The Independent Student Newspaper of Northern Kentucky University.

The Northerner

University offers self-defense classes

Carolyn Noe

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Violent crime at Northern Kentucky University has been steadily dropping since 2000, according to statistics reported on the university’s Web site.

NKU has reported three violent crimes on campus since 2004, according to the U.S. Department of Justice.

“I do not feel unsafe at NKU. The Department of Public Safety is very prevalent, and if I needed anything I think they would be there,” said Jessica Schalk, a senior public relations major.

Although NKU reports a small number of offenses compared to other universities in the region, according to Angela Walter, police officer for the DPS. However, “prevention is the key” to avoid becoming a victim of violent crime, she said.

Walter, along with fellow officer Mark Wilke, will direct The Rape Aggression Defense (RAD) program starting Oct. 26 at 6 p.m. in the multipurpose room in the Albright Health Center. The course consists of four three-hour classes to be conducted Nov. 2, 9 and 16, in addition to the first class Oct. 26.

According to Walter, RAD is tailored to women of all skill levels and registration is free.

“I think the RAD program is a good idea because you can use the techniques you learn in any situation,” said Amanda Moermond, an undeclared sophomore. “Bad things can also occur off-campus.”

According to Walter, the RAD program is taught at more than 400 universities across the United States and is the only self-defense program endorsed by the International Association of Campus Law Enforcement Administrators. Both Walter and Wilke are nationally certified RAD instructors whose goal is to provide women with self-defense techniques in the event they are targeted for a violent crime.

Everyone participating in the RAD program will receive a manual outlining the course and self-defense methods. The first class begins with “bookwork related to crime statistics and a history of the course,” Walter said. Participants will learn about crime prevention and awareness skills, such as safe-guarding the home and monitoring surroundings. They will also have the opportunity to share their own stories, Walter said.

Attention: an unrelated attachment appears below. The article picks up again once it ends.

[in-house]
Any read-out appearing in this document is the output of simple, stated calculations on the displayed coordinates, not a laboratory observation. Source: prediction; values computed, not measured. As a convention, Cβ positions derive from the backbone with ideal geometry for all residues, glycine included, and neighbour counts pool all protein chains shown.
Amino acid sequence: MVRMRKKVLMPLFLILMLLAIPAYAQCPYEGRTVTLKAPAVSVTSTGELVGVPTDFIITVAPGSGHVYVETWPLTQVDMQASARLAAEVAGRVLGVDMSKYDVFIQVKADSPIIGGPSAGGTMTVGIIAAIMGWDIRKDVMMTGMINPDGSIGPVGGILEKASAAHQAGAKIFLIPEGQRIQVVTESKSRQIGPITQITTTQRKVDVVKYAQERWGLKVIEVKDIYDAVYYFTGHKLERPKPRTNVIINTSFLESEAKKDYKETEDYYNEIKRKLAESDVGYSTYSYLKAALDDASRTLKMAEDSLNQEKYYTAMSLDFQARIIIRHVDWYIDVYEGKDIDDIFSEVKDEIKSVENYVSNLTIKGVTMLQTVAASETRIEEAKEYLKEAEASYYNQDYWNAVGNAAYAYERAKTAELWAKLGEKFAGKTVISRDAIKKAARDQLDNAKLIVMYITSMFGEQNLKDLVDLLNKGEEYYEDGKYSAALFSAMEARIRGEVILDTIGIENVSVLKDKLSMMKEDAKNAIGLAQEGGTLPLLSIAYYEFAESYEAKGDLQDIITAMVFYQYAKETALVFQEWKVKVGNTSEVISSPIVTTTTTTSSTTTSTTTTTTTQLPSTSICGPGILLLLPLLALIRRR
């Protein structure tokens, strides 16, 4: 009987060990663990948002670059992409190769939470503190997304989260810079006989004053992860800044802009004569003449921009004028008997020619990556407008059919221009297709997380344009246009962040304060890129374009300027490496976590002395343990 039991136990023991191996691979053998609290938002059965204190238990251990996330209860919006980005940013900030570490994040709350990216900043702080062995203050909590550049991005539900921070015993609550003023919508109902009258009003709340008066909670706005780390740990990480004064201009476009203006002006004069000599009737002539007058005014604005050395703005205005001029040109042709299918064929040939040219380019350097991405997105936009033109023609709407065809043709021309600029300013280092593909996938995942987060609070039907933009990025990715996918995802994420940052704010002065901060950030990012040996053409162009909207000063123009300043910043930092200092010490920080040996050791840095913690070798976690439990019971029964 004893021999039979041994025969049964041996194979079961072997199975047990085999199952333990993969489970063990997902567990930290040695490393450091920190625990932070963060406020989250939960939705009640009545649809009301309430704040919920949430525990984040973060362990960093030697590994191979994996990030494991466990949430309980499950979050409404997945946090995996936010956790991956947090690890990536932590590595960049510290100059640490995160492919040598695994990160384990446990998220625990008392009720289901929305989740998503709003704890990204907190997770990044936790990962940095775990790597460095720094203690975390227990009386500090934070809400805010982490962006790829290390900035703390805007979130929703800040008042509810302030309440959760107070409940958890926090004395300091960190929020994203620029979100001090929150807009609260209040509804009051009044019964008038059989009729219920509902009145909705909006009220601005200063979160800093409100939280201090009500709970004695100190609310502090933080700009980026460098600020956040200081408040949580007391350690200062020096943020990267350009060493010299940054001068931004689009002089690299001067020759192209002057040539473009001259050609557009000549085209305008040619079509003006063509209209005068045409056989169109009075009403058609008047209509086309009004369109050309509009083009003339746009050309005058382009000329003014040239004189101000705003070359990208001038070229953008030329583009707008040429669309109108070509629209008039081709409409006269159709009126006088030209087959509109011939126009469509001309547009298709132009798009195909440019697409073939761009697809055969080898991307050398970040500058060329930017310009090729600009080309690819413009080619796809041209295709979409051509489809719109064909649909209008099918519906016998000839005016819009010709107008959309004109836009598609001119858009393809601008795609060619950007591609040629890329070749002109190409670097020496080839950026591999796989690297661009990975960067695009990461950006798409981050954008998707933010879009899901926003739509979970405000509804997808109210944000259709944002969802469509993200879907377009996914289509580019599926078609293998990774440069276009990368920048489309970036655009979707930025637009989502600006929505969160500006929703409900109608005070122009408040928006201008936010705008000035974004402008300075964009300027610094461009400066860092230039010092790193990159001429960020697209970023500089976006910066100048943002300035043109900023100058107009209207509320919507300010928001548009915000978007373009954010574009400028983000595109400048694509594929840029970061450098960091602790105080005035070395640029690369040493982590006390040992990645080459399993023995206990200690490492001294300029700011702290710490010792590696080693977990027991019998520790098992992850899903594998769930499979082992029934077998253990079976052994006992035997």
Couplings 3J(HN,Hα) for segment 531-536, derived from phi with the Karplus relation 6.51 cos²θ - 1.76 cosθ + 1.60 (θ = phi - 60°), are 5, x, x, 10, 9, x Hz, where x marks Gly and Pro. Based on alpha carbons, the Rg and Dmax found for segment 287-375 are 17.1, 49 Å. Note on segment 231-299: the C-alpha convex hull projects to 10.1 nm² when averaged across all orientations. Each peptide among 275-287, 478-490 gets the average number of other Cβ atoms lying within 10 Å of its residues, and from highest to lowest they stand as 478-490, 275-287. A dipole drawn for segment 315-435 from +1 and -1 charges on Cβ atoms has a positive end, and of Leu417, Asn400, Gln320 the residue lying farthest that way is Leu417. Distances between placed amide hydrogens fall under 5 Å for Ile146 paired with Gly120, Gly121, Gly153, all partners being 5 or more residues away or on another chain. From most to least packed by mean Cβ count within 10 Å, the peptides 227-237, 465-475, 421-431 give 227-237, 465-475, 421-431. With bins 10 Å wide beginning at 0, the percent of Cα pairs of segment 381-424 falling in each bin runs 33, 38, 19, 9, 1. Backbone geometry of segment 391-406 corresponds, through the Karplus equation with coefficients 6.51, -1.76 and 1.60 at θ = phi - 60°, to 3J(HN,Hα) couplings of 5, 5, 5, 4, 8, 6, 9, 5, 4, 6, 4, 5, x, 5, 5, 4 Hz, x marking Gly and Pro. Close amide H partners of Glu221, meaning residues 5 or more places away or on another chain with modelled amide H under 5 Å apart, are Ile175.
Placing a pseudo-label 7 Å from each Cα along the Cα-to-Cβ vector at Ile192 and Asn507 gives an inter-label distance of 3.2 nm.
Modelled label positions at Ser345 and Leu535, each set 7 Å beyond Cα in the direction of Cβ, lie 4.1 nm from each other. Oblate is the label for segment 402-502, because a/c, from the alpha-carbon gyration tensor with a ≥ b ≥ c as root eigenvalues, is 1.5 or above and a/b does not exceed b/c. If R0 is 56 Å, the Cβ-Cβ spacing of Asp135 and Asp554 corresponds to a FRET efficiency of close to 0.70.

Hands-on training begins during the second class as students are introduced to stances and strikes that will help them evade an attacker, according to Walter.

“This can be difficult for some individuals; if a woman has been attacked before, this can bring back a lot of emotions,” Walter said.

The third class becomes more physical as women practice blocking and hitting with instructors and each other to prepare for their final class, called Red Man. Walter describes the Red Man class as “an opportunity for students to use all the tools in their toolbox.”

Participants in protective gear will use the techniques they have learned throughout the course to escape from an attack simulated by an instructor in a padded red suit, Walter said. “We bring in outside instructors to be the red men because the students will have built up a relationship with (Wilke),” she said. “We do not want to create any psychological confusion by having their instructor also play the role of assailant.”

Walter emphasizes the importance of attending all four three-hour classes. “A participant cannot contribute in the red man portion of the course if they have not attended all the previous classes. There are no exceptions to this rule because it could compromise the safety of the individual,” she said.

According to Walter, after completion of the 12-hour RAD program, students will receive a lifetime return and practice invitation anywhere a RAD course is offered. “After a student is certified, they can attend any class whenever they wish to brush up on their skills. They can even participate in a red man class,” she said.

Visit www.rad-systems.com to find a listing of programs for the tri-state area. Most RAD programs are considered a community service but some programs charge a $25 fee to cover the cost of printing student manuals.

Upon completion of the RAD program, students should feel better prepared to protect their bodies, Walter said. “What we teach physically will help participants become mentally secure. Defense is really 90 percent mental and emotional preparedness, and the rest is in the physical tools,” he said. “RAD builds women’s confidence and empowers them to take control in any situation.”

To register for the RAD program, contact Dave Tobergte at (859)572-1917.

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The Independent Student Newspaper of Northern Kentucky University.
University offers self-defense classes